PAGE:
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April 21, 1923


JAMA. 1923;80(16):1165-1166. doi:10.1001/jama.1923.02640430053031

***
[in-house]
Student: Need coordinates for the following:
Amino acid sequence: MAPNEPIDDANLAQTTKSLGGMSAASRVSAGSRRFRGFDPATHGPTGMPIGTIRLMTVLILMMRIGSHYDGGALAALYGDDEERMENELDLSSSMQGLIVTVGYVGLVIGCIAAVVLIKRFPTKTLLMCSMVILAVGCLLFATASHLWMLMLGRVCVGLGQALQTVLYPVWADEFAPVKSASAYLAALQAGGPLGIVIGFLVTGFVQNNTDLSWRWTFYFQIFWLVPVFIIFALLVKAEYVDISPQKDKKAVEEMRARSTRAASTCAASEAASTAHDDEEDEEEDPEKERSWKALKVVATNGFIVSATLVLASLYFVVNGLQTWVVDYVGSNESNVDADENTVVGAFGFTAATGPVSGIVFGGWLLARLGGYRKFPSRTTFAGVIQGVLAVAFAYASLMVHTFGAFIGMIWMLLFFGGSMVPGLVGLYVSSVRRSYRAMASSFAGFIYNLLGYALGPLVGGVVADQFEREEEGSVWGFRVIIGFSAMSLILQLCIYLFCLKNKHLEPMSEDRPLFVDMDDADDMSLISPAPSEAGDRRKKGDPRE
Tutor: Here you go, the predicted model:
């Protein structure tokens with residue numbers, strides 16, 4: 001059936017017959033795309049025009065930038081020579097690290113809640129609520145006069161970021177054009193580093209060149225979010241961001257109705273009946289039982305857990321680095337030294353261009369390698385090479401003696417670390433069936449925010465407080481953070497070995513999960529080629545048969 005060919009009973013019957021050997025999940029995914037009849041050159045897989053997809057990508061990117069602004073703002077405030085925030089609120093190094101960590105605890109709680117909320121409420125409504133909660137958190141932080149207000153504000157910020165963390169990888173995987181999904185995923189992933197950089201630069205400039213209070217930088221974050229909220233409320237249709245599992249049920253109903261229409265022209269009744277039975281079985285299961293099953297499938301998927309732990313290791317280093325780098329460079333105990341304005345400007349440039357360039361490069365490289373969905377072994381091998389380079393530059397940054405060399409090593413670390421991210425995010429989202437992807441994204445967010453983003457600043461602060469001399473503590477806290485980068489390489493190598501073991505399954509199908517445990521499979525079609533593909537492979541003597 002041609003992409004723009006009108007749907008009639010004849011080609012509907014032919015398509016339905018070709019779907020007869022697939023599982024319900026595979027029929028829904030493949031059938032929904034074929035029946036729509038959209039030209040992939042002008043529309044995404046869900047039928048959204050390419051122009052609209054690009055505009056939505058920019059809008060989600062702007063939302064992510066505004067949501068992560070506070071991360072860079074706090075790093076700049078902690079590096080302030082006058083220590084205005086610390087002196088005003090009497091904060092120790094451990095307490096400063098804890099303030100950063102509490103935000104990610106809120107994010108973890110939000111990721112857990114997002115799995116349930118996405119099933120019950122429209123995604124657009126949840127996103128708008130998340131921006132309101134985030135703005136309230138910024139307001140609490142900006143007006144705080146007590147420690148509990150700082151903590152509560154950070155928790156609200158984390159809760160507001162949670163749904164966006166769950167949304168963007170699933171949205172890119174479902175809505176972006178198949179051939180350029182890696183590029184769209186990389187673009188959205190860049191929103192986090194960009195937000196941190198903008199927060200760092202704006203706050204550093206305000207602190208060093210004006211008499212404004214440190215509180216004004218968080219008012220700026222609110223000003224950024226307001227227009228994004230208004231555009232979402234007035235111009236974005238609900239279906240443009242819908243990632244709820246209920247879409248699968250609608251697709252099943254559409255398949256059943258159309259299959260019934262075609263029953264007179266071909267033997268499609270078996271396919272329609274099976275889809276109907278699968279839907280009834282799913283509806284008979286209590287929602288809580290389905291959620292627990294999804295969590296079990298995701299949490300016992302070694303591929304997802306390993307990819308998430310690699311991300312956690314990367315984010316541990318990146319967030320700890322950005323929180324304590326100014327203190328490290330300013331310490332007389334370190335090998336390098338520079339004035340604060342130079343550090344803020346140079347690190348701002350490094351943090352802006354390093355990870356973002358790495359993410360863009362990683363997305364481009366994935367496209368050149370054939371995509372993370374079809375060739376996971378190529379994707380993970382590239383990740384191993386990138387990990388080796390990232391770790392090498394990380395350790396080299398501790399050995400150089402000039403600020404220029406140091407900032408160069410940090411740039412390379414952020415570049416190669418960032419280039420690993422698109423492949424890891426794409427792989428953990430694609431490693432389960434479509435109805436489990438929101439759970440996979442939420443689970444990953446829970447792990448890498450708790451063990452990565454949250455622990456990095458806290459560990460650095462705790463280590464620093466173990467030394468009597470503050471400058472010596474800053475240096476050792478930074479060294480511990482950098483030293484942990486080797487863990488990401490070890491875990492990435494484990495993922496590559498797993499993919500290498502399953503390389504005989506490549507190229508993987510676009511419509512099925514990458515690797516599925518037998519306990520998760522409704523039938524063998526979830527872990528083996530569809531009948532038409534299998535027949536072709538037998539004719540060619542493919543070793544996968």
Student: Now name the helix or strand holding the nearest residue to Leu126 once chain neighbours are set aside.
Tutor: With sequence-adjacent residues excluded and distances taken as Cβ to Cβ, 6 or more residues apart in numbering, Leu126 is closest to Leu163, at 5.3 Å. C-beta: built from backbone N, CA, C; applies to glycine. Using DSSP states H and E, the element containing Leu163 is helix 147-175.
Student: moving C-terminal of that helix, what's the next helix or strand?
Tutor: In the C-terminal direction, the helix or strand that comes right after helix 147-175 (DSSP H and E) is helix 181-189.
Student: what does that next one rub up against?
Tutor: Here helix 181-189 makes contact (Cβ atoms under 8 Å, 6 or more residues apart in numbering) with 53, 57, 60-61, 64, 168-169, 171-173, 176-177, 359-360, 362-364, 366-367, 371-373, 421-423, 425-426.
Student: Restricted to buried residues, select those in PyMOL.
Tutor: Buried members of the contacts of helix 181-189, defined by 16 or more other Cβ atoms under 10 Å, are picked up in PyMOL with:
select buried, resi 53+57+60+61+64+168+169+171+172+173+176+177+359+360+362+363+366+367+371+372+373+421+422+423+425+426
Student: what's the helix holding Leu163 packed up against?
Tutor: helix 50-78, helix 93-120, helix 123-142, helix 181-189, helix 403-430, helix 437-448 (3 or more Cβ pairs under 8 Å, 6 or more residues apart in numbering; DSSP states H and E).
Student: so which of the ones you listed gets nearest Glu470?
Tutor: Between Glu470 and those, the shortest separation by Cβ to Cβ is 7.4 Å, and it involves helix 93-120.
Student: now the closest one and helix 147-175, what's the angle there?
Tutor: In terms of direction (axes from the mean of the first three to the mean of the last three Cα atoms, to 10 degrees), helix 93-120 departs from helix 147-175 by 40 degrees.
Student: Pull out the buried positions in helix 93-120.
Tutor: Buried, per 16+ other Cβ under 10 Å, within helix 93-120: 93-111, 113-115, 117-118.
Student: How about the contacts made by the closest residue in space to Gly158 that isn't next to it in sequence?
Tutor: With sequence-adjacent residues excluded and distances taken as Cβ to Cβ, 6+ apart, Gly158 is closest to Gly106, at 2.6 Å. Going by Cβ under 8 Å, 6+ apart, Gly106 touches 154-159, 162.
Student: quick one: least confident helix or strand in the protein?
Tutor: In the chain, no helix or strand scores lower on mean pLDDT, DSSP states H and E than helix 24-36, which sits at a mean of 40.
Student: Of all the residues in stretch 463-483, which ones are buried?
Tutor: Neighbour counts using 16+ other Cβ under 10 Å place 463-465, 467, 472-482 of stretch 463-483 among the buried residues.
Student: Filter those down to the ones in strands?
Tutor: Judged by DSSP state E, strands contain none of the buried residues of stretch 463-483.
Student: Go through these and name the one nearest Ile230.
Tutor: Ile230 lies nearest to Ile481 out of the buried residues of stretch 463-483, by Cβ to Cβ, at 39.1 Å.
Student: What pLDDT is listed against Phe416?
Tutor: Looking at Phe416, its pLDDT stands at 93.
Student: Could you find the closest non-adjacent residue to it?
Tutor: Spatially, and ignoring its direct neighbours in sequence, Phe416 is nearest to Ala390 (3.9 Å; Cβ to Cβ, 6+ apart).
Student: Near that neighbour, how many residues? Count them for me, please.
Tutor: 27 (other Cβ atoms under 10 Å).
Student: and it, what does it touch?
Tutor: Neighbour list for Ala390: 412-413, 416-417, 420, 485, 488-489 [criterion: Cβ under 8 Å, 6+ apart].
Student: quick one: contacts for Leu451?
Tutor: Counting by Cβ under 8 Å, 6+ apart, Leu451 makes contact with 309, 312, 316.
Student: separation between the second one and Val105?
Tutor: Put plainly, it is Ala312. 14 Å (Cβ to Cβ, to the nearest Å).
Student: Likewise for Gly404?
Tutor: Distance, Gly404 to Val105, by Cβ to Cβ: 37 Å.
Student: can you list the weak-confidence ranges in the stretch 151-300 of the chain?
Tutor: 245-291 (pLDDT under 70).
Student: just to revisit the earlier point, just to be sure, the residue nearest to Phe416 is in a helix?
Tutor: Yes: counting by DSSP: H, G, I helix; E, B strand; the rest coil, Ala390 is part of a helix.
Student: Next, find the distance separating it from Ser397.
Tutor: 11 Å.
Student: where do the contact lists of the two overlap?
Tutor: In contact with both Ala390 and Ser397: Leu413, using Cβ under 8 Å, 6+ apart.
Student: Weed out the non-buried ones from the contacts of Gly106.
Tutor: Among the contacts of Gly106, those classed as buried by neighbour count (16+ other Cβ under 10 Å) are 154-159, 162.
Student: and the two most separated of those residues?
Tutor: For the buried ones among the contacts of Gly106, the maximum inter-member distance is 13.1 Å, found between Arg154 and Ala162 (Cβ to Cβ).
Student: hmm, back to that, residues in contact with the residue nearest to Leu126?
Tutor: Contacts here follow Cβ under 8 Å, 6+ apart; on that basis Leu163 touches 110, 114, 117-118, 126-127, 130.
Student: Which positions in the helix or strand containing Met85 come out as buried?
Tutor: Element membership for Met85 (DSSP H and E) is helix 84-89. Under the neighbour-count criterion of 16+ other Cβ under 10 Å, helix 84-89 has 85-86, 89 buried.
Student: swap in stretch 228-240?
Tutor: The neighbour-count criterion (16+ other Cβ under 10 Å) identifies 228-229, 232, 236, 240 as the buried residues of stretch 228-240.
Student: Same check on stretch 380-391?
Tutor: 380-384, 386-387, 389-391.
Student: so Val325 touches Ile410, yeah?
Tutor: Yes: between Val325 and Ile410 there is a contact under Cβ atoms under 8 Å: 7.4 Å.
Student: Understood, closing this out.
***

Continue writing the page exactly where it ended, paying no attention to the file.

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To the Editor:  —Recent comment on the relation of the hospital to the physician has interested me as a student of clinical administration, and I wonder whether a further excursion into the realm of medical idealism is not warranted by modern hospital practice. The growth of the "closed" general hospital has brought a regrettable estrangement between the private practitioner and the hospital. The reason is not far to seek. Opportunities for the stimulation of the scientific spirit are more numerous in hospital than in private practice. Cases in logical series are more readily observed and studied in the hospital. Necessary bedside visits have no financial aspect, and are continuous. The patient is removed from the diverting influences of friends and relatives, whose changeable tactics are the bane of the practitioner. The hospital has a better organization for study, with diagnostic, therapeutic, nursing and technical facilities close at hand. Perhaps this

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